MK Amram Mitzna (Hatnua) said on Monday that it is imperative that there be an unequivocal message stating that teachers should be able to discus topical, current events without fear.
The Education, Culture and Sports committee chairman issued these remarks following reports that a high school teacher, from the northern town of Kiryat Tivon, was on the verge of being fired after a student complained to Education Minister Shai Piron of his “extreme left-wing views.”
Mitzna said that “the practice of having ‘political literacy,’ while maintaining the freedom of expression, is essential to the existence of a moral and democratic education.
However, teachers should serve as a personal example for students and they need to demonstrate sensitivity with respect to expressions of voluntary personal opinions.”
On Wednesday the Education, Culture and Sports committee will hold a special discussion in the Knesset on “Political discourse in the school system.”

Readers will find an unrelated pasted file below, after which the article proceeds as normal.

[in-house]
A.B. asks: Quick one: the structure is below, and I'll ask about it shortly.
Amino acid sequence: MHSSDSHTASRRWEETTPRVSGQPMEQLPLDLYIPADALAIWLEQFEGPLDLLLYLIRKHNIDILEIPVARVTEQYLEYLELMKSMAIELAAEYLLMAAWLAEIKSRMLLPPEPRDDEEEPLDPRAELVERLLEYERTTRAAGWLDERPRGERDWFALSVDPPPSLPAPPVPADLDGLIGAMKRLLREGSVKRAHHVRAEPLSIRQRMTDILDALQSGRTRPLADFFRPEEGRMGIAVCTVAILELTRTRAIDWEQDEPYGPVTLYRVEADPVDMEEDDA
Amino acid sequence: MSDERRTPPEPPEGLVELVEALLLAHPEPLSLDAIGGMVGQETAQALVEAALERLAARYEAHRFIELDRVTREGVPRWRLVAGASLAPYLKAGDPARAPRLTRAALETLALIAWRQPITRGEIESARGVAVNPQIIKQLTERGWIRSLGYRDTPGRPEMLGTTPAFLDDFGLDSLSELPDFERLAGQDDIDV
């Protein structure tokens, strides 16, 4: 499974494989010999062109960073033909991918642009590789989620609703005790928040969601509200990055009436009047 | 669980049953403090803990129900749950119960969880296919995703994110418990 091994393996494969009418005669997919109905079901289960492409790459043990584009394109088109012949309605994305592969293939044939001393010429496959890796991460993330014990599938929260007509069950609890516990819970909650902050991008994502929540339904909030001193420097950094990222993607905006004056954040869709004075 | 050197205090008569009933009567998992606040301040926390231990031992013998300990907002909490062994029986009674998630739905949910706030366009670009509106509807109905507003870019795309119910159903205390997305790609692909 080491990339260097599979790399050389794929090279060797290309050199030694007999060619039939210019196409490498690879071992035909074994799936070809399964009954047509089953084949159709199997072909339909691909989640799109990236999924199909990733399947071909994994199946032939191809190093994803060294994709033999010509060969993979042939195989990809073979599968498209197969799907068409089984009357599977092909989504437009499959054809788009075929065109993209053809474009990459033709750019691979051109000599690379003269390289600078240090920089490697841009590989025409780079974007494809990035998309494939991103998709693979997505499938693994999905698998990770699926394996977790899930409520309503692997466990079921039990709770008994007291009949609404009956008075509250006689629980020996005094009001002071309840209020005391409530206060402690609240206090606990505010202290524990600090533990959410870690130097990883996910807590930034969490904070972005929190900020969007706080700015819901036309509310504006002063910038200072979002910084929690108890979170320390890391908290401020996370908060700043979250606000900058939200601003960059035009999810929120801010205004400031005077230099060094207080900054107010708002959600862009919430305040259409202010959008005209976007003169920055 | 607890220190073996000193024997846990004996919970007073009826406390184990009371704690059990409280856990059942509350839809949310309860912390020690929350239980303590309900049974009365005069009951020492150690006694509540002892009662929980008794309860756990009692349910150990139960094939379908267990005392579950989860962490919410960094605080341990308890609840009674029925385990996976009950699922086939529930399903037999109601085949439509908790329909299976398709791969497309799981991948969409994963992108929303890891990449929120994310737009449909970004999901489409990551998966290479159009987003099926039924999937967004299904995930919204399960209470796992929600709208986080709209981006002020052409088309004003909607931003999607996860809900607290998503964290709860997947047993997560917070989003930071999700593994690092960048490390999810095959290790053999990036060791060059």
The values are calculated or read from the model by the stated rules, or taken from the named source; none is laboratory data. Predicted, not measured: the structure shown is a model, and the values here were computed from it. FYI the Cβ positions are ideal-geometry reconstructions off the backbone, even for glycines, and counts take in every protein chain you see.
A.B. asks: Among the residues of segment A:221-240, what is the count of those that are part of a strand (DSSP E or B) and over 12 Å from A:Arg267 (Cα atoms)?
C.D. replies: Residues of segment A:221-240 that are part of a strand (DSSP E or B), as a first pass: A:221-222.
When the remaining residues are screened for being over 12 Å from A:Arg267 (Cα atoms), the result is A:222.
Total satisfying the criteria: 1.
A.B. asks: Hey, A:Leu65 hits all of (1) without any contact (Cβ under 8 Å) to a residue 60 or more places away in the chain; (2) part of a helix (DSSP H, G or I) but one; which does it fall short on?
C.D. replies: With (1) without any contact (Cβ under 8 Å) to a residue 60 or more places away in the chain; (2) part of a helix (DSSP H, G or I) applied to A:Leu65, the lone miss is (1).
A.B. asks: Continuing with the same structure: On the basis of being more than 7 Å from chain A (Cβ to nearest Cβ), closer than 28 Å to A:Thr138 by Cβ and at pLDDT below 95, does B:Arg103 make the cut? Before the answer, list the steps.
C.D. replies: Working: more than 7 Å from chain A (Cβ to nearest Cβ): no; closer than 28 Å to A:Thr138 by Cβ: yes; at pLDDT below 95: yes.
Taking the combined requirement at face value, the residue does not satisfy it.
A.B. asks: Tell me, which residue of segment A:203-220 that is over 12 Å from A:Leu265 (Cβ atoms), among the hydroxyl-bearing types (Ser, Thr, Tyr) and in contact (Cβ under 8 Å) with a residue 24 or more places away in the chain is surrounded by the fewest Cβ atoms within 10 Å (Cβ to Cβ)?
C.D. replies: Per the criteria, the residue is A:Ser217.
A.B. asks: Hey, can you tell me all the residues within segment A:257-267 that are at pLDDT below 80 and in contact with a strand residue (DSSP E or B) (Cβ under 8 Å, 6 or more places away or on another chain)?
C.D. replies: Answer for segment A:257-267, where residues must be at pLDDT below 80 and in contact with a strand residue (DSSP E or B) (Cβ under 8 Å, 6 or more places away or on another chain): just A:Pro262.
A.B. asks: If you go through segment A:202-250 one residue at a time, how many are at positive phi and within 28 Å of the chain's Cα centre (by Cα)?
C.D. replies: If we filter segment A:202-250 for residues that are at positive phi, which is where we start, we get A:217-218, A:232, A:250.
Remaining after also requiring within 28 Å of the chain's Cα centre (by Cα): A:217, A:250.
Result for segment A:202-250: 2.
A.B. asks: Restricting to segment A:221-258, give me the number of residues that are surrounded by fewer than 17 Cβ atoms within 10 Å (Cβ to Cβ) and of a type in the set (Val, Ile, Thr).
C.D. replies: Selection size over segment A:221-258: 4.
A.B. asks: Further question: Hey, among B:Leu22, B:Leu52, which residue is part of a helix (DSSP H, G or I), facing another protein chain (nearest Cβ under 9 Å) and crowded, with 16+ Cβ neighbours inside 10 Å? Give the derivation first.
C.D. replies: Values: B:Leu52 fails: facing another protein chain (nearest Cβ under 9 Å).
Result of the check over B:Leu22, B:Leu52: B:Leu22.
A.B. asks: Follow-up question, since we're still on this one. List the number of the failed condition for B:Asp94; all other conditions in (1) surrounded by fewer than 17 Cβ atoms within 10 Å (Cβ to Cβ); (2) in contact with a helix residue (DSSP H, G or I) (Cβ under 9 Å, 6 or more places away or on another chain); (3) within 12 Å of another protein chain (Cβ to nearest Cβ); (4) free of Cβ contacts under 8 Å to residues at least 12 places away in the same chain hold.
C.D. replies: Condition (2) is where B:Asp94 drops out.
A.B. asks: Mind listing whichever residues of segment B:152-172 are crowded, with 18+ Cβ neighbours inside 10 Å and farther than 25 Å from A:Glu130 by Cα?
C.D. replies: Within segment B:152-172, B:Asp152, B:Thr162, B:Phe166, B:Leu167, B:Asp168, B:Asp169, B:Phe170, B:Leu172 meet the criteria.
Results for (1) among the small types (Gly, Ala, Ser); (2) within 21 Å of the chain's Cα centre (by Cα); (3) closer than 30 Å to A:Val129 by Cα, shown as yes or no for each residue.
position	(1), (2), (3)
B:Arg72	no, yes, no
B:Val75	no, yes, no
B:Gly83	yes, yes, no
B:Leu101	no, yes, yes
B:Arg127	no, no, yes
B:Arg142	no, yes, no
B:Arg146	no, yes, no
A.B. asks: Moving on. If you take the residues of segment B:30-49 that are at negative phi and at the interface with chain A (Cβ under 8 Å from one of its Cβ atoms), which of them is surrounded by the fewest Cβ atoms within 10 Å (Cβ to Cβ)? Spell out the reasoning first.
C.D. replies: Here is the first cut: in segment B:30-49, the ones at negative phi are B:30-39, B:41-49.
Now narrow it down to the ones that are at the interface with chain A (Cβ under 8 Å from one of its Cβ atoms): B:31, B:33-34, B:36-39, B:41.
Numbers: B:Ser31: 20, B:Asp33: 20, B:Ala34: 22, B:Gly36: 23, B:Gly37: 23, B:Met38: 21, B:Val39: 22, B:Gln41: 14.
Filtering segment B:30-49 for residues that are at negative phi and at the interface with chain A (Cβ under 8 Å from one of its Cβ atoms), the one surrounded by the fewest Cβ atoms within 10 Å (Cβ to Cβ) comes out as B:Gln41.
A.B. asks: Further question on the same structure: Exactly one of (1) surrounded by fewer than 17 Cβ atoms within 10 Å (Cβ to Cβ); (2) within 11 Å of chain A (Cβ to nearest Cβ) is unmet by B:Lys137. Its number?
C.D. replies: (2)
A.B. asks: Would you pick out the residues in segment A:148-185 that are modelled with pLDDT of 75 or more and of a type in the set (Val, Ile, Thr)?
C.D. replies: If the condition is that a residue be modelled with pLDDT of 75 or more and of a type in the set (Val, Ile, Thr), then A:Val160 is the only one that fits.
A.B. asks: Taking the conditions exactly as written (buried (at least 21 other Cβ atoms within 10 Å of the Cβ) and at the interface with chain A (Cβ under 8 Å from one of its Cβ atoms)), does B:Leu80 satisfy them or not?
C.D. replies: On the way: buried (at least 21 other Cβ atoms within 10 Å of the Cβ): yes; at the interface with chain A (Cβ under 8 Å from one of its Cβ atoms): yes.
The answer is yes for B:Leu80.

The Kiryat Tivon teacher, Adam Verta, has been summoned for a disciplinary hearing, after which a decision will be rendered as to his future employment at the ORT Greenburg High School in Kiryat Tivon.
The student who made the initial complaint, Sapir Sabah, appeared on Channel 2 Monday morning, explaining that she was motivated to appeal to the Education Ministry after her 12th grade teacher, Verta, revealed himself to be a “leftist who was inciting against the IDF and encouraging students not to perform military service.”
“Adam expressed his opinions about the army,” Sabah told Channel 2. “He said the army was amoral and that it used violence against innocent civilians. This made me furious.”
“I’m one year before my enlistment in the army,” she said. “I see this as incitement and encouragement against joining an organization that is ‘amoral.’” In Sabah’s letter to Piron, she said the teacher “described himself as an extreme leftist, said that our country doesn’t at all belong to the Jews but rather to the Palestinians, and that we, the Jews, shouldn’t even be here.”
Sabah said that Verta acknowledged to his students that he voted for the non-Zionist Hadash Party, and that he would ridicule her whenever she expressed an opposing opinion.
She said that the decision to write the letter to Piron came as a result of an Education Ministry bylaw banning teachers from expressing political opinions in class.
Sabah’s classmates wrote a letter to Channel 2 in which they noted that “the atmosphere in Verta’s civics classes was always one that allowed an open discussion and a free exchange of views.”